Soviet, Russian Leaders Renew Plans for Union Gorbachev and Yeltsin Press Views of Future
Daniel Sneider, writer of The Christian Science Monitor, The Christian Science Monitor
BORIS YELTSIN and Mikhail Gorbachev were on the road last week, each seeking what the other has. Russian President Yeltsin was in Germany for three days looking for international acceptance. At the same time Mr. Gorbachev traveled to the Siberian city of Irkutsk and the Central Asian republic of Kirghizia in a bid for popular support for his vision of continued union.
"We are determined to occupy a worthy place among democracies which rightfully belongs to Russia," Mr. Yeltsin told an audience of German industrialists.
"Nothing but a union state can take us from this marsh and restore order within the whole of the economic space," Gorbachev told the daily Rabochaya Tribuna. "If there is no union state, I shall not take part in the discussion."
The Soviet leader sounded this theme in factory speeches and on the streets, where he met with what the official Tass agency called "a good deal of bitter words" from residents standing in long lines before stores with empty shelves.
Such sentiments are hardly new, but it is a long time since the much maligned Soviet leader heard them first-hand.
Gorbachev has increased his tempo in recent weeks in beating the drum for union.
He is pushing hard for the former Soviet republics to sign a treaty forming a Union of Sovereign States to replace the old Union of Soviet Socialist Republics. Last week he spent two and half hours trying to convince republican leaders of this, a task he will resume today when they meet again in Moscow.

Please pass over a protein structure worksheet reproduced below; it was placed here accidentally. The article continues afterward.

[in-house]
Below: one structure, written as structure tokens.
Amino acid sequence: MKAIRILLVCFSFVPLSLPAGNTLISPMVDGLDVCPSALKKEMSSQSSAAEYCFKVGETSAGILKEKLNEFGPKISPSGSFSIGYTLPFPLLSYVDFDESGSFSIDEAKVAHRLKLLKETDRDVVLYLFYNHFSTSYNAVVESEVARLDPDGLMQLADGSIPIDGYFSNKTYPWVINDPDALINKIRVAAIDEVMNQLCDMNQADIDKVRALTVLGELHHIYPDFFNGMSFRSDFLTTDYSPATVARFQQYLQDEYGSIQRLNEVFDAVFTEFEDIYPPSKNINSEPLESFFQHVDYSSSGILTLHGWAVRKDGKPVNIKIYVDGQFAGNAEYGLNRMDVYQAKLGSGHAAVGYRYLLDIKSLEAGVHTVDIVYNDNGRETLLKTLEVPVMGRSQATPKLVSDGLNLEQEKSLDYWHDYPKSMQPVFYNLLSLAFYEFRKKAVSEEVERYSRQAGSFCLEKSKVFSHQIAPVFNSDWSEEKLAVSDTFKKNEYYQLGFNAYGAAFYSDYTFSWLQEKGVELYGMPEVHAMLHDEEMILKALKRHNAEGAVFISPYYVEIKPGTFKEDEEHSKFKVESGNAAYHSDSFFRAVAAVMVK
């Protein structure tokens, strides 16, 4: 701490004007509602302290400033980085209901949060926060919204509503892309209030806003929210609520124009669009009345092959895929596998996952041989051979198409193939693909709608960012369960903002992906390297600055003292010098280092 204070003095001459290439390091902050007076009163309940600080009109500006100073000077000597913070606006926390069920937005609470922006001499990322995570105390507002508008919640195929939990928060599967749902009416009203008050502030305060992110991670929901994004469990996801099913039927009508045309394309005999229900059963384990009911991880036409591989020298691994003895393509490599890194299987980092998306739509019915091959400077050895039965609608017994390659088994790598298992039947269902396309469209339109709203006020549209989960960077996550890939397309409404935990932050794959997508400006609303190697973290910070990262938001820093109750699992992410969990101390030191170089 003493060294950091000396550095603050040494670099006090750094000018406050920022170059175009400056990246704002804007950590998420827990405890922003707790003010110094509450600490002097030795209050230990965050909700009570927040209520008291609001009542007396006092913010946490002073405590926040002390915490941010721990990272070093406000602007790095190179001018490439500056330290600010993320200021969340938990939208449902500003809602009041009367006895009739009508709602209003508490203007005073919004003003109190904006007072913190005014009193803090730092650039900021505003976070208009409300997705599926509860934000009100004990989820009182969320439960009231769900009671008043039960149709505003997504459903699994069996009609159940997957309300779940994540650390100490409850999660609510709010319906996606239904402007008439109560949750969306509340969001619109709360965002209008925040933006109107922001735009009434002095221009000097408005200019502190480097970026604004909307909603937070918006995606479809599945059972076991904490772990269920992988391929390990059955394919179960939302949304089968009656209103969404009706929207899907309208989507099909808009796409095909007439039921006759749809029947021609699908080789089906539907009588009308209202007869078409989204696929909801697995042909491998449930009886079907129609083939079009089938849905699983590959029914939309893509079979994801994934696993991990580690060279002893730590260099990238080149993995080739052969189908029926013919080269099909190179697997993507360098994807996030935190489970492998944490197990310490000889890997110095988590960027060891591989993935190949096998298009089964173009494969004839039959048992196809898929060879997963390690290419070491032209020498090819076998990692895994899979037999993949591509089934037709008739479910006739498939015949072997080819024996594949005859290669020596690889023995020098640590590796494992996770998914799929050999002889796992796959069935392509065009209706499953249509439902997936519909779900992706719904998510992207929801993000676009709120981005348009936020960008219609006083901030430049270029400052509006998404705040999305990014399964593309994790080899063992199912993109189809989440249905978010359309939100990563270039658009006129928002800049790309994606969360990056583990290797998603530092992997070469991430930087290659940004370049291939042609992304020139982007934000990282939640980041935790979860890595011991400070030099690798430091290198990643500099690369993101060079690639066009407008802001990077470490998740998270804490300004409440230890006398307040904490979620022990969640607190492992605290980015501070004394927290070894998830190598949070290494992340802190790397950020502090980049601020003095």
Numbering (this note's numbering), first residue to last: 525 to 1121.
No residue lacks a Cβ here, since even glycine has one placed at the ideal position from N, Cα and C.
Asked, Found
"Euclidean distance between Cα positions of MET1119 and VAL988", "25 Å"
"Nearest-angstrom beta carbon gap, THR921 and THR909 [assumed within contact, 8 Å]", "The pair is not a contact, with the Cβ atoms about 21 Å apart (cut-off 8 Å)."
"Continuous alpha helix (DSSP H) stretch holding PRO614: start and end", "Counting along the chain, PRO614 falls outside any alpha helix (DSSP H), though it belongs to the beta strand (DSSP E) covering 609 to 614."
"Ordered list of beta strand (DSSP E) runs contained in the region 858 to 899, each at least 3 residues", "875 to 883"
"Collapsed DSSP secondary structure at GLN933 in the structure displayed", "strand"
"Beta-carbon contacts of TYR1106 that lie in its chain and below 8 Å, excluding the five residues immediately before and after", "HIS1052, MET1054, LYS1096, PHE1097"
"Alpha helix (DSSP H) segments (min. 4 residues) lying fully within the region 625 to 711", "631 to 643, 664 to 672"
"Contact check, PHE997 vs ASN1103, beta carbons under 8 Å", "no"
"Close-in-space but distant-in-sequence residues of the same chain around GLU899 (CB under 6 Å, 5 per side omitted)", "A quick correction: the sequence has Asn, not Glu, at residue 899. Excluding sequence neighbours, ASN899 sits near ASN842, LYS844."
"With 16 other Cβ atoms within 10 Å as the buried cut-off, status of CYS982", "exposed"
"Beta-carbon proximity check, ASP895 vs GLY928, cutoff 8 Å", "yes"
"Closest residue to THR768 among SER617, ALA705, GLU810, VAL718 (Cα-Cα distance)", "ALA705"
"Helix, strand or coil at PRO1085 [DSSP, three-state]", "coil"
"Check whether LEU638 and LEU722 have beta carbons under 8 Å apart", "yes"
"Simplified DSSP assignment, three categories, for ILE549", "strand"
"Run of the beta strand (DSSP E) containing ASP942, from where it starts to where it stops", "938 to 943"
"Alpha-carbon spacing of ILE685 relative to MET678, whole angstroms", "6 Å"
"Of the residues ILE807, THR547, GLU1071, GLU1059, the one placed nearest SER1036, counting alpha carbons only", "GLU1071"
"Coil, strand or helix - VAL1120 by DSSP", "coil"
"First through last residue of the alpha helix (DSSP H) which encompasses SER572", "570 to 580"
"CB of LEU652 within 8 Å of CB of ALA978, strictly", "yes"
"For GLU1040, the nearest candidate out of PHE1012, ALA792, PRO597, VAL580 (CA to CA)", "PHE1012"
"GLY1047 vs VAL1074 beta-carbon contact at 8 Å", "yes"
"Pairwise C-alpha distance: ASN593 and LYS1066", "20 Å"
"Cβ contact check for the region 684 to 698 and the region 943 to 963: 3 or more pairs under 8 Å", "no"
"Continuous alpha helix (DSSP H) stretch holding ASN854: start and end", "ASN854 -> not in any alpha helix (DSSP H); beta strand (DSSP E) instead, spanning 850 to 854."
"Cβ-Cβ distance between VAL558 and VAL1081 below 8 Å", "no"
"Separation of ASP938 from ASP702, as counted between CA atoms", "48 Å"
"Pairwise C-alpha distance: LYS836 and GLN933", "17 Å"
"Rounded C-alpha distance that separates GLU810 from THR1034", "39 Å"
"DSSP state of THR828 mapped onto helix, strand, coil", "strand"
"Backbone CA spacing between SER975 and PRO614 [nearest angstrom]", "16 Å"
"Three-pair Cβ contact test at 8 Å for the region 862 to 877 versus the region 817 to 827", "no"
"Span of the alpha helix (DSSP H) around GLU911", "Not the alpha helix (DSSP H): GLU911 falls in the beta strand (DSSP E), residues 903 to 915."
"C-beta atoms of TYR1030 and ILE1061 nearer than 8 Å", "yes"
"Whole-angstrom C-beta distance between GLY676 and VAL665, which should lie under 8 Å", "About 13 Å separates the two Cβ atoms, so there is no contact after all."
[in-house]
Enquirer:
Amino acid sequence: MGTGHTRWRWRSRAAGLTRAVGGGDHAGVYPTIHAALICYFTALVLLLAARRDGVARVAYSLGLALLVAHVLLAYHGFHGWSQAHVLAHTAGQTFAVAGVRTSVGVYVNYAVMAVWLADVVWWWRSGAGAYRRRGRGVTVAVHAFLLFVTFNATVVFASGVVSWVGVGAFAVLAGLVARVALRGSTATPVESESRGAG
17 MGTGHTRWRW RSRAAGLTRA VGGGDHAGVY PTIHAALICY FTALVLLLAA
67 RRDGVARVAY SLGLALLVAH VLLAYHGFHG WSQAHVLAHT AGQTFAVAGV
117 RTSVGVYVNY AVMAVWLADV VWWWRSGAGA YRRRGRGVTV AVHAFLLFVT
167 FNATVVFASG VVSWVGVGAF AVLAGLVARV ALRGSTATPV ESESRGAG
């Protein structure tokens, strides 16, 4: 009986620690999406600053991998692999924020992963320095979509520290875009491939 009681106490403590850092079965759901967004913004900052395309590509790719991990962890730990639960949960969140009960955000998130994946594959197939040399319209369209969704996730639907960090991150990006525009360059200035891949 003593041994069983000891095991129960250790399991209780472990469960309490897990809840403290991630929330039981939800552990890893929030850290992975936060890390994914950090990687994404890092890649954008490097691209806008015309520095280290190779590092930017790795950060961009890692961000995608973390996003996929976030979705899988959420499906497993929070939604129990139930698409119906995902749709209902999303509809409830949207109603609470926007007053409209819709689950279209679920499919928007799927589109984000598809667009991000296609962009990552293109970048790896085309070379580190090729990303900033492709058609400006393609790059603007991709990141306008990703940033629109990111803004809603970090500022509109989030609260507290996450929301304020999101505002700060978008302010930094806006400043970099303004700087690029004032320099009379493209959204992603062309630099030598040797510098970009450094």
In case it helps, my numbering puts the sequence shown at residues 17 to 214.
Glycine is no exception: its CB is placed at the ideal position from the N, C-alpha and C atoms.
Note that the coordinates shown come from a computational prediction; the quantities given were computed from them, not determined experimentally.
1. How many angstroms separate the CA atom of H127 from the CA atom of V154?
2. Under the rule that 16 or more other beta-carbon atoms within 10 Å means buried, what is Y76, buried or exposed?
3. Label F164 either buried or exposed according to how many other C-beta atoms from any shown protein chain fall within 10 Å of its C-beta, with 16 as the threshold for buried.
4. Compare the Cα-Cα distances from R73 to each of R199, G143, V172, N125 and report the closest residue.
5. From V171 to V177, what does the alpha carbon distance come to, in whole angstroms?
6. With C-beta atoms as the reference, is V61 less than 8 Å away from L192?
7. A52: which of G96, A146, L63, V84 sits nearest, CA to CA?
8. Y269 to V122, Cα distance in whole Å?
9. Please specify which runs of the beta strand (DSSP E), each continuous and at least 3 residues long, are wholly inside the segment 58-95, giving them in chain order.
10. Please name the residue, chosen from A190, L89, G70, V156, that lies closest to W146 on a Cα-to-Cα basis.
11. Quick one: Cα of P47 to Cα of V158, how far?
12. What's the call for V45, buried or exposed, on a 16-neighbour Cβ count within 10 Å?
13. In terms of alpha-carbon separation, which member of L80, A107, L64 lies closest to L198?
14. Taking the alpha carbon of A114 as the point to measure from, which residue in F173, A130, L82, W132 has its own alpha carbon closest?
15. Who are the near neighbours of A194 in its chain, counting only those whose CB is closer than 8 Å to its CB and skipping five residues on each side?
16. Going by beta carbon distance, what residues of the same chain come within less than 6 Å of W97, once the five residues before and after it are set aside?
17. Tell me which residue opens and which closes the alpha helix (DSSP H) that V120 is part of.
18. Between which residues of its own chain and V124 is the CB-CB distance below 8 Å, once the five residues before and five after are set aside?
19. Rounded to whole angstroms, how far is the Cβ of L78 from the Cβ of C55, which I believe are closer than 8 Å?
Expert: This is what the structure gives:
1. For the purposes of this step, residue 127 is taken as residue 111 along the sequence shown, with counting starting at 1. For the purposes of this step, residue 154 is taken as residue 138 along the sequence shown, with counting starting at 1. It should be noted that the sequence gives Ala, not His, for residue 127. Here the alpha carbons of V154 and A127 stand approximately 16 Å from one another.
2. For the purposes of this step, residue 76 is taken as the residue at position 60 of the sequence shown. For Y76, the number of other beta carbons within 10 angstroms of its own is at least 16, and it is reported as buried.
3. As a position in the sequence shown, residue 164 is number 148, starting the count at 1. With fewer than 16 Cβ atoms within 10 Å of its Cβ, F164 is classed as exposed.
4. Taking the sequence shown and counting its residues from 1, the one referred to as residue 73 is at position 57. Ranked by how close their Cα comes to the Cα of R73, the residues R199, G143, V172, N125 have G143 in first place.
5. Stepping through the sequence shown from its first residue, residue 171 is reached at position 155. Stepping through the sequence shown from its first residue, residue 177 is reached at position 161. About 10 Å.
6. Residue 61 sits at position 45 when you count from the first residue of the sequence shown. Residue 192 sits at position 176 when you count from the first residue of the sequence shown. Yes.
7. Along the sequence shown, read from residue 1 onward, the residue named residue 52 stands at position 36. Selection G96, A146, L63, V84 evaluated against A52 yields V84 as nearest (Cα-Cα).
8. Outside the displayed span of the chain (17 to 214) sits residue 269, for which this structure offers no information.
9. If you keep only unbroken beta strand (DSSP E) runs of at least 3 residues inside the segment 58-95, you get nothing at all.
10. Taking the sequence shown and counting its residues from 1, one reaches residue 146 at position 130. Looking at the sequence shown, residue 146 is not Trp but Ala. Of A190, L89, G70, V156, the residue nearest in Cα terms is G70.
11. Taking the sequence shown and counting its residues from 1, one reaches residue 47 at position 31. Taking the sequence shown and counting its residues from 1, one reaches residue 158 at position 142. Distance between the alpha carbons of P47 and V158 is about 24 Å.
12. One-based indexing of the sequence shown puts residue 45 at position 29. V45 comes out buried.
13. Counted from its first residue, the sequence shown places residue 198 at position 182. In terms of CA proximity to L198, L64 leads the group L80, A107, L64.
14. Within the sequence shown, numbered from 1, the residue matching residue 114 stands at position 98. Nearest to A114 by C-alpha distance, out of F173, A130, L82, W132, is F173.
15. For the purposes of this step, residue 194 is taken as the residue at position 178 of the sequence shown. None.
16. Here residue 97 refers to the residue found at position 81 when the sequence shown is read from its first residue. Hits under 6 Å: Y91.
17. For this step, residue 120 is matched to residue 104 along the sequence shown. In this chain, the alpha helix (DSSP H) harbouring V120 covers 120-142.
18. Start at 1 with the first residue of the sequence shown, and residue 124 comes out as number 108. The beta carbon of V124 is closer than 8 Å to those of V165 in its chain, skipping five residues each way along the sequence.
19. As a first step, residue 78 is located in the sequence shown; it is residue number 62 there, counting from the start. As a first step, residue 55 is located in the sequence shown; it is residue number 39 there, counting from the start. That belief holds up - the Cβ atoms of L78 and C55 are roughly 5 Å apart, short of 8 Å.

At the same time, Gorbachev argues that political union and economic reform are inseparable. Without a united state "in the international arena ... it will be impossible to implement reforms," he said in the interview published on Nov. 22.
His chief economist, Grigory Yavlinsky, has drafted a package of eight agreements designed to implement the treaty to form an economic community that was signed in October. These agreements cover foreign debt, taxes, budget, social security, prices, and inter-republican agreements to deliver food and other goods.
The experts have done their work, Mr. Yavlinsky told journalists, now it is time for the politicians to act. A joint communique signed by eight republics with the Group of Seven leading industrial nations gave the unionists a significant boost from the West.
The G-7 offered limited deferral of payments on the Soviet Union's medium- and long-term debt, as well as some short-term credits to meet immediate needs.
But they demanded in turn the republican acceptance of collective responsibility for repayment through the existing central Vneshekonombank and implementation of economic policies under the supervision of the International Monetary Fund.
Those policies include reducing the huge budget deficit, curbing growth of the money supply, liberalizing prices and foreign exchange, and maintaining "free inter-republican trade."
"We're not trying to recreate the center," United States Undersecretary of the Treasury David Mulford insisted after the talks. "We've tried to help all the relevant parties set up a system to solve their problems. …